The Lighthouse

the lighthouse

30 July 2014

What I can hear

What I can hear right now:

It is 8.35 on a Wednesday night. I am visiting mom, and she is in the living room watching someone decide to purchase one expensive home over another. I sit in the kitchen where the refrigerator just announced the end of its cycle with a click and a thump.

The clock that has been the background rhythm keeper in the soundtrack of my life tick tocks with resonance and familiarity in the hallway. Nearer to me in a syncopated beat is the kitchen clock. The two together sound like: tick thuck tock thuck tick thuck tock thuck. Through the open windows and stretching out to the distance are crickets scratching their chirruping melody on hind legs. A little further away and perched on a roof corner somewhere is a pair of mourning doves trading their tender woo-hoo hoo's.

I can hear the indistinct sound of a man's voice but I cannot distinguish words or hear who he is talking to. His voice and steady and unchanging so he isn't sharing exciting news. The fact I cannot tell what he is saying makes him feel like company without the demands for attention.

Somewhere over there a dog barks but it is a muffled sound, so I picture him on a leash behind some trees in a backyard, far away from this house. Even further, in the most distant layer of sound is the shushing roll of far-off tires and cars that never draw closer. I wonder about the people in those cars - where they're going and what they're thinking about.

Every now and then comes the gentle brush of wind through the tall grass. I look out of the windows and see how still the trees are - the leaves are not dancing tonight.

Even on a summer's evening, life slows down and gradually withdraws from the activity of the day. It is replete. It is done.
Good night.

11 July 2014

In which I ask a question

Where are the editors?

It used to be unusual to find typos (a technical term for spelling mistakes) in a published book. It used to be that once a book reached the shelf-in-a-bookstore stage, it had been vetted and perfected in style and substance.
Not so today.  Today it could be a fun, bookish (yes, it is possible to partner those two terms) drinking game: spot the errors.  One shot of whatever's going - Lady Grey Tea if that's your thing - for every abused apostrophe, forgotten comma, plot hole, and instance of mangled grammar.
Sadly, episodes of egregious editing are not limited to an excusable one now and then, but are populating books by the handfuls, scattered like seeds between the covers of a single book.  It's sad!
(A good editor would rebuke me and reign in my runaway alliteration)
The book I am currently reading - half-heartedly - is an example: The Beekeeper's Ball by Susan Wiggs. I've not read anything by her before, but it tempted me as it sat in the new book display at the library when I returned what was a really good read, The Loveliest Chocolate Shop in Paris. I wanted another delightfully light but satisfying book and thought this would hit the spot.  It's about a beekeeper, or so you would think. It promised to tell about a cookery school in the Napa Valley surrounded by orchards and gardens and beehives, with a dash of romance thrown in. I was up for that.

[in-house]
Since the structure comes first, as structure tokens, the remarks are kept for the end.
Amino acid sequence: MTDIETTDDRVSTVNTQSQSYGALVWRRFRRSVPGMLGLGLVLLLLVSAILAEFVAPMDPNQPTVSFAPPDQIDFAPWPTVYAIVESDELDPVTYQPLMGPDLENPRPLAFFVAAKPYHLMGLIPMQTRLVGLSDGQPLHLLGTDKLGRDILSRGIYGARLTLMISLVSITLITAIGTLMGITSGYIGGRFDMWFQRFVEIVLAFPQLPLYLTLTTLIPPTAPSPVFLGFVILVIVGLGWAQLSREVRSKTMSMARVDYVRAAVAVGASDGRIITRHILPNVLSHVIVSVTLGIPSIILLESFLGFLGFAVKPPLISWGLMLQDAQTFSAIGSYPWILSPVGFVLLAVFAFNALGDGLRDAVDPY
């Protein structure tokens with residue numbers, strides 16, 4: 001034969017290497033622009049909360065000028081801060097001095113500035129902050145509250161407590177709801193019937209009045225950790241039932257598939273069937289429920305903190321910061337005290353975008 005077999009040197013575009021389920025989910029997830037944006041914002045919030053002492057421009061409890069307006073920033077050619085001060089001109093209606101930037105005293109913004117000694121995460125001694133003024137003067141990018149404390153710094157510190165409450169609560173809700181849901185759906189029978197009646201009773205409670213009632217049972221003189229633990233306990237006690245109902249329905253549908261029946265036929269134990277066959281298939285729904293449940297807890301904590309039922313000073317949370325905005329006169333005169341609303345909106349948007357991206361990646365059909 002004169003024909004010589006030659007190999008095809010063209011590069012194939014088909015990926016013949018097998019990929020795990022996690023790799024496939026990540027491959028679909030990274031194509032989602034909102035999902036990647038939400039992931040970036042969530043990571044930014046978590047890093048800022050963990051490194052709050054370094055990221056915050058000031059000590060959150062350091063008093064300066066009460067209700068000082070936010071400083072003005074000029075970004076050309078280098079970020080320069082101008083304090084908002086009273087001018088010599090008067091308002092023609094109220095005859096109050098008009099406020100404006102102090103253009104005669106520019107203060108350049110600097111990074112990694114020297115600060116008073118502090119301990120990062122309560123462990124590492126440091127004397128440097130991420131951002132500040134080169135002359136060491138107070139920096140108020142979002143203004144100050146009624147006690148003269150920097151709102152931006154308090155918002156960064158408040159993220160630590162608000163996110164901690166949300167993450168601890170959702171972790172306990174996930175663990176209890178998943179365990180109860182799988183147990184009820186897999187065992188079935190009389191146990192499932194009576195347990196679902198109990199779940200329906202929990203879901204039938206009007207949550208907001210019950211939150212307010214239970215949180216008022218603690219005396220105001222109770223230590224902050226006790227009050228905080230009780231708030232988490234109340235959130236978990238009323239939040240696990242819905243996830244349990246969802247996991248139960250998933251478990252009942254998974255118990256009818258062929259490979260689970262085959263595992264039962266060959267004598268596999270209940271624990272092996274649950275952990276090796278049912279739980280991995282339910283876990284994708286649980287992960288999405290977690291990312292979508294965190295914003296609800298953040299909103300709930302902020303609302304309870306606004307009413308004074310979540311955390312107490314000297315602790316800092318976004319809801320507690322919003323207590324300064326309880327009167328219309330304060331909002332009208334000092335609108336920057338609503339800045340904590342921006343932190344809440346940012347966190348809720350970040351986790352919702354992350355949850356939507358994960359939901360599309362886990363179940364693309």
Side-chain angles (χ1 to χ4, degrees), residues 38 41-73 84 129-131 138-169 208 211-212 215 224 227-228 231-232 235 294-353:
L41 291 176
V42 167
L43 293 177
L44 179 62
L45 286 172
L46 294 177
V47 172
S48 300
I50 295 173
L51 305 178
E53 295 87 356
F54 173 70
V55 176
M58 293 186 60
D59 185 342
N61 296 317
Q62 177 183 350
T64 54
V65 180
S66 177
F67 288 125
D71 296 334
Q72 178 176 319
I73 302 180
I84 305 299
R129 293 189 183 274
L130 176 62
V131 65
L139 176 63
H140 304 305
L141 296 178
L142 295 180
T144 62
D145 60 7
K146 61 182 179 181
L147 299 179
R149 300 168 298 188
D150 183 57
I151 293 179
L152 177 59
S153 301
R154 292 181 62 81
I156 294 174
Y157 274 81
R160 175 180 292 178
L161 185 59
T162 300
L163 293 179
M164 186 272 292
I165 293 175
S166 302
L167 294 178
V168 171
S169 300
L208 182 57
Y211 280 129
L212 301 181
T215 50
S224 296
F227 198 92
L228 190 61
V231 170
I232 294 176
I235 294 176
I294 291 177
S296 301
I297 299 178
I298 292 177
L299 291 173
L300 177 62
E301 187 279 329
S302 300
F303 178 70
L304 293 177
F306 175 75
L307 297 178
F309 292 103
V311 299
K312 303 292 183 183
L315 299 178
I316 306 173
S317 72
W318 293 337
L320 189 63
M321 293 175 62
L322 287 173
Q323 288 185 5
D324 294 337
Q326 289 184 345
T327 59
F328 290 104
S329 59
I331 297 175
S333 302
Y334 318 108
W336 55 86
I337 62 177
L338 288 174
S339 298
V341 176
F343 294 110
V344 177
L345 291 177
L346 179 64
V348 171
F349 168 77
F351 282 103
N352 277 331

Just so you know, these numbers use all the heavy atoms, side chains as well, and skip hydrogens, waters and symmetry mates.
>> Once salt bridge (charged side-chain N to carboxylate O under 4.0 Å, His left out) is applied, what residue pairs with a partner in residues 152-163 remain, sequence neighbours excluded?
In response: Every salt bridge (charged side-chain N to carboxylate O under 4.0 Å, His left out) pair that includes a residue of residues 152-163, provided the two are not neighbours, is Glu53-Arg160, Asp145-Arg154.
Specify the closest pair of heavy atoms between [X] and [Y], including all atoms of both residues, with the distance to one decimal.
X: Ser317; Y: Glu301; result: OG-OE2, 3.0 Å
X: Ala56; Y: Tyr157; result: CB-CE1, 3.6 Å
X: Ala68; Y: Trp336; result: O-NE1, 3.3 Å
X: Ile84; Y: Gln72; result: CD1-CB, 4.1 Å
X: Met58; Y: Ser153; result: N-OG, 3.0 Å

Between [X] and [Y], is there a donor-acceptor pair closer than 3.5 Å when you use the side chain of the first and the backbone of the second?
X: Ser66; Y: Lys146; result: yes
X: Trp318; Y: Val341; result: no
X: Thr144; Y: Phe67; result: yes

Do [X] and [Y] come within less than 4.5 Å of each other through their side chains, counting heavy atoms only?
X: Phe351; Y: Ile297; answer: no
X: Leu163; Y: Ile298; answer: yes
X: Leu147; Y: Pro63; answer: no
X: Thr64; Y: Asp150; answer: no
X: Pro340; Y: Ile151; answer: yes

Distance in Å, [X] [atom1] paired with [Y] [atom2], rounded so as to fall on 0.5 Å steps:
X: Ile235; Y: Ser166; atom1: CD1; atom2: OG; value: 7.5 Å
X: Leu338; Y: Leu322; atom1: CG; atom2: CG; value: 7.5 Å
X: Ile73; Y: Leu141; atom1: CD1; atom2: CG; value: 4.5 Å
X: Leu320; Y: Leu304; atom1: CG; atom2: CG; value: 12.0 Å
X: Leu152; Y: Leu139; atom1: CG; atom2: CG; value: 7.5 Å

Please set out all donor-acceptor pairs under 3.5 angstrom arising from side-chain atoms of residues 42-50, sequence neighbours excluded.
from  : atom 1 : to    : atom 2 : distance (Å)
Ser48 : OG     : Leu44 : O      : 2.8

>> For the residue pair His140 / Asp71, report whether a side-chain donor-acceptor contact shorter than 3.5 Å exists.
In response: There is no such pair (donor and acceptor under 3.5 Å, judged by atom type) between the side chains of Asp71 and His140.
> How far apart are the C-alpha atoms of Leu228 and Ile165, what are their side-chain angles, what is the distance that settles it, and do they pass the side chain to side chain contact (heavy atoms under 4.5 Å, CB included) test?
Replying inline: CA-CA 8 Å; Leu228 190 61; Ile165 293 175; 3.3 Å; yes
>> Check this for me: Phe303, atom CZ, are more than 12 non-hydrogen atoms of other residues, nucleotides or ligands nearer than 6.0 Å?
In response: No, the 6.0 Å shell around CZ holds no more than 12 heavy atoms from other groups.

Instead, the story is skimming over those elements, focusing more on another character's backstory about being a resistance fighter in Copenhagen during WWII. There are so many secondary characters involved in the plot but who are not actually present during the events of this book that a big chunk of the story falls flat through lack of their support. The author focuses on some minute details while conflictingly overlooking others: for example, Isabel (owner of cookery school) and her beekeeper (who is pregnant) are folding laundry one morning (details about this being a new, industrially fitted-out facility are provided). Isabel talks the girl into visiting the doctor for a prenatal checkup, then they go to see an adoption counselor. When they return, Isabel's sister is in the renovated barn with her mother and grandmother (neither of whom are related to Isabel - it's a complicated family) discussing plans for the sister's wedding. After a brief conversation, Isabel goes to the kitchen to prepare supper by drizzling cheese with honey (the book is chock full of honey recipes and every mention of food involves honey). Then - and this is the bit that got me - she stirs a sauce for the roast pork!  Grand.  I have no objection to either the sauce or the pork. I'm glad to know they are there, as Isabel is meant to be a good cook, what with the immanent cookery school and all, but if you're going to account for every moment of her day, you can't have her suddenly pulling out a roast pork to follow the cheese she just drizzled with the ever present honey!